Top- k typicality queries and efficient query answering methods on large databases

Top- k typicality queries and efficient query answering methods on large databases Finding typical instances is an effective approach to understand and analyze large data sets. In this paper, we apply the idea of typicality analysis from psychology and cognitive science to database query answering, and study the novel problem of answering top- k typicality queries. We model typicality in large data sets systematically. Three types of top- k typicality queries are formulated. To answer questions like “Who are the top- k most typical NBA players?”, the measure of simple typicality is developed. To answer questions like “Who are the top- k most typical guards distinguishing guards from other players?”, the notion of discriminative typicality is proposed. Moreover, to answer questions like “Who are the best k typical guards in whole representing different types of guards?”, the notion of representative typicality is used. Computing the exact answer to a top- k typicality query requires quadratic time which is often too costly for online query answering on large databases. We develop a series of approximation methods for various situations: (1) the randomized tournament algorithm has linear complexity though it does not provide a theoretical guarantee on the quality of the answers; (2) the direct local typicality approximation using VP-trees provides an approximation quality guarantee; (3) a local typicality tree data structure can be exploited to index a large set of objects. Then, typicality queries can be answered efficiently with quality guarantees by a tournament method based on a Local Typicality Tree. An extensive performance study using two real data sets and a series of synthetic data sets clearly shows that top- k typicality queries are meaningful and our methods are practical. http://www.deepdyve.com/assets/images/DeepDyve-Logo-lg.png The VLDB Journal Springer Journals

Top- k typicality queries and efficient query answering methods on large databases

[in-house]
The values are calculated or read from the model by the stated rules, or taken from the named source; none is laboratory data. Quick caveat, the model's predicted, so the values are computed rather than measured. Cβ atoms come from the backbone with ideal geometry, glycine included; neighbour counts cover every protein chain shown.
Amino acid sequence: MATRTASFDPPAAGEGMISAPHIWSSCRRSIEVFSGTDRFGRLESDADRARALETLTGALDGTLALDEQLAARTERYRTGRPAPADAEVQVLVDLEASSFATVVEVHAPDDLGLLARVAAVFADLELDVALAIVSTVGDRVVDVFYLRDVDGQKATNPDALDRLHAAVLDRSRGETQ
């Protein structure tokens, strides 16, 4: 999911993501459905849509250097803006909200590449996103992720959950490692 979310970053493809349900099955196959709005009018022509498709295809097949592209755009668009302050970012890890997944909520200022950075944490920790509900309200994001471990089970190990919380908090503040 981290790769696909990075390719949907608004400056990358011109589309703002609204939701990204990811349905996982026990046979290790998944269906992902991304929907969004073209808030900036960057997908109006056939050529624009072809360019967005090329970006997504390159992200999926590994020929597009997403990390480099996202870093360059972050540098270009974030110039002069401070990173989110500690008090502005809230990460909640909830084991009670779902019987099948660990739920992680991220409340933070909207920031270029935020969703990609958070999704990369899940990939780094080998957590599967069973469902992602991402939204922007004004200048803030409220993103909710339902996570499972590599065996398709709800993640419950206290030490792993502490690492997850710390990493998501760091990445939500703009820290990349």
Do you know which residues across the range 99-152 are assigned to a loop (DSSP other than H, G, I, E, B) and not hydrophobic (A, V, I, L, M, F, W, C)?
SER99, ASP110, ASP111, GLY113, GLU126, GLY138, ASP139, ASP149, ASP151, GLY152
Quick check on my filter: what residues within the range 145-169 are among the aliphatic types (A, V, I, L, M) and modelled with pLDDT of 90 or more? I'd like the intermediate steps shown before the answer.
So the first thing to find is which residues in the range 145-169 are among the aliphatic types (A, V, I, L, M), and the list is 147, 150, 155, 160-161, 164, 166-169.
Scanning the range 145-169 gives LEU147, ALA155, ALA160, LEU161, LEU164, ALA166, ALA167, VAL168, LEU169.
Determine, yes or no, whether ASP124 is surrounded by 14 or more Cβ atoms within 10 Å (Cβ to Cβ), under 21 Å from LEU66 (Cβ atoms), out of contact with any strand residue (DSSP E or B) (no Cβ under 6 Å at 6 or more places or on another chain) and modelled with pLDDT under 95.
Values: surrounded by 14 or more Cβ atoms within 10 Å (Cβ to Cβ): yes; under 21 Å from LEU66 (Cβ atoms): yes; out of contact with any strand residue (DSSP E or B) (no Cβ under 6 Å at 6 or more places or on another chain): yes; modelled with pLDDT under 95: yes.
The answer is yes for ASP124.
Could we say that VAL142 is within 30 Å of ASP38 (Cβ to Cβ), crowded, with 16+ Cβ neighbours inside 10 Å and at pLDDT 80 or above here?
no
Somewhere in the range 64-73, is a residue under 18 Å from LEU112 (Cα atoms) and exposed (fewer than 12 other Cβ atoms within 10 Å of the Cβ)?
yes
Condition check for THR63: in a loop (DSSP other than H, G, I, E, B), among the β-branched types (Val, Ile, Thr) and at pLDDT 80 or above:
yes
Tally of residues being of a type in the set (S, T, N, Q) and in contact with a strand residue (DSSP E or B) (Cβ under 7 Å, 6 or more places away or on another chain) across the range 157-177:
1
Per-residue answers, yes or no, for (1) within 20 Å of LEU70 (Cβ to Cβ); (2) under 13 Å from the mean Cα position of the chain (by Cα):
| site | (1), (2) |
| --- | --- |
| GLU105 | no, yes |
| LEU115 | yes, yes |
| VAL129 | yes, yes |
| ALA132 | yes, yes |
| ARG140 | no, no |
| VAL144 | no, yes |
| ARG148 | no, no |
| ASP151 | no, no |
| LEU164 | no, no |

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Publisher
Springer-Verlag
Copyright
Copyright © 2009 by Springer-Verlag
Subject
Computer Science; Database Management
ISSN
1066-8888
eISSN
0949-877X
D.O.I.
10.1007/s00778-008-0128-8
Publisher site
See Article on Publisher Site

Abstract

Finding typical instances is an effective approach to understand and analyze large data sets. In this paper, we apply the idea of typicality analysis from psychology and cognitive science to database query answering, and study the novel problem of answering top- k typicality queries. We model typicality in large data sets systematically. Three types of top- k typicality queries are formulated. To answer questions like “Who are the top- k most typical NBA players?”, the measure of simple typicality is developed. To answer questions like “Who are the top- k most typical guards distinguishing guards from other players?”, the notion of discriminative typicality is proposed. Moreover, to answer questions like “Who are the best k typical guards in whole representing different types of guards?”, the notion of representative typicality is used. Computing the exact answer to a top- k typicality query requires quadratic time which is often too costly for online query answering on large databases. We develop a series of approximation methods for various situations: (1) the randomized tournament algorithm has linear complexity though it does not provide a theoretical guarantee on the quality of the answers; (2) the direct local typicality approximation using VP-trees provides an approximation quality guarantee; (3) a local typicality tree data structure can be exploited to index a large set of objects. Then, typicality queries can be answered efficiently with quality guarantees by a tournament method based on a Local Typicality Tree. An extensive performance study using two real data sets and a series of synthetic data sets clearly shows that top- k typicality queries are meaningful and our methods are practical.

Journal

The VLDB JournalSpringer Journals

Published: Jun 1, 2009

References

  • Indexing large metric spaces for similarity search queries
    Bozkaya, T.; Ozsoyoglu, M.

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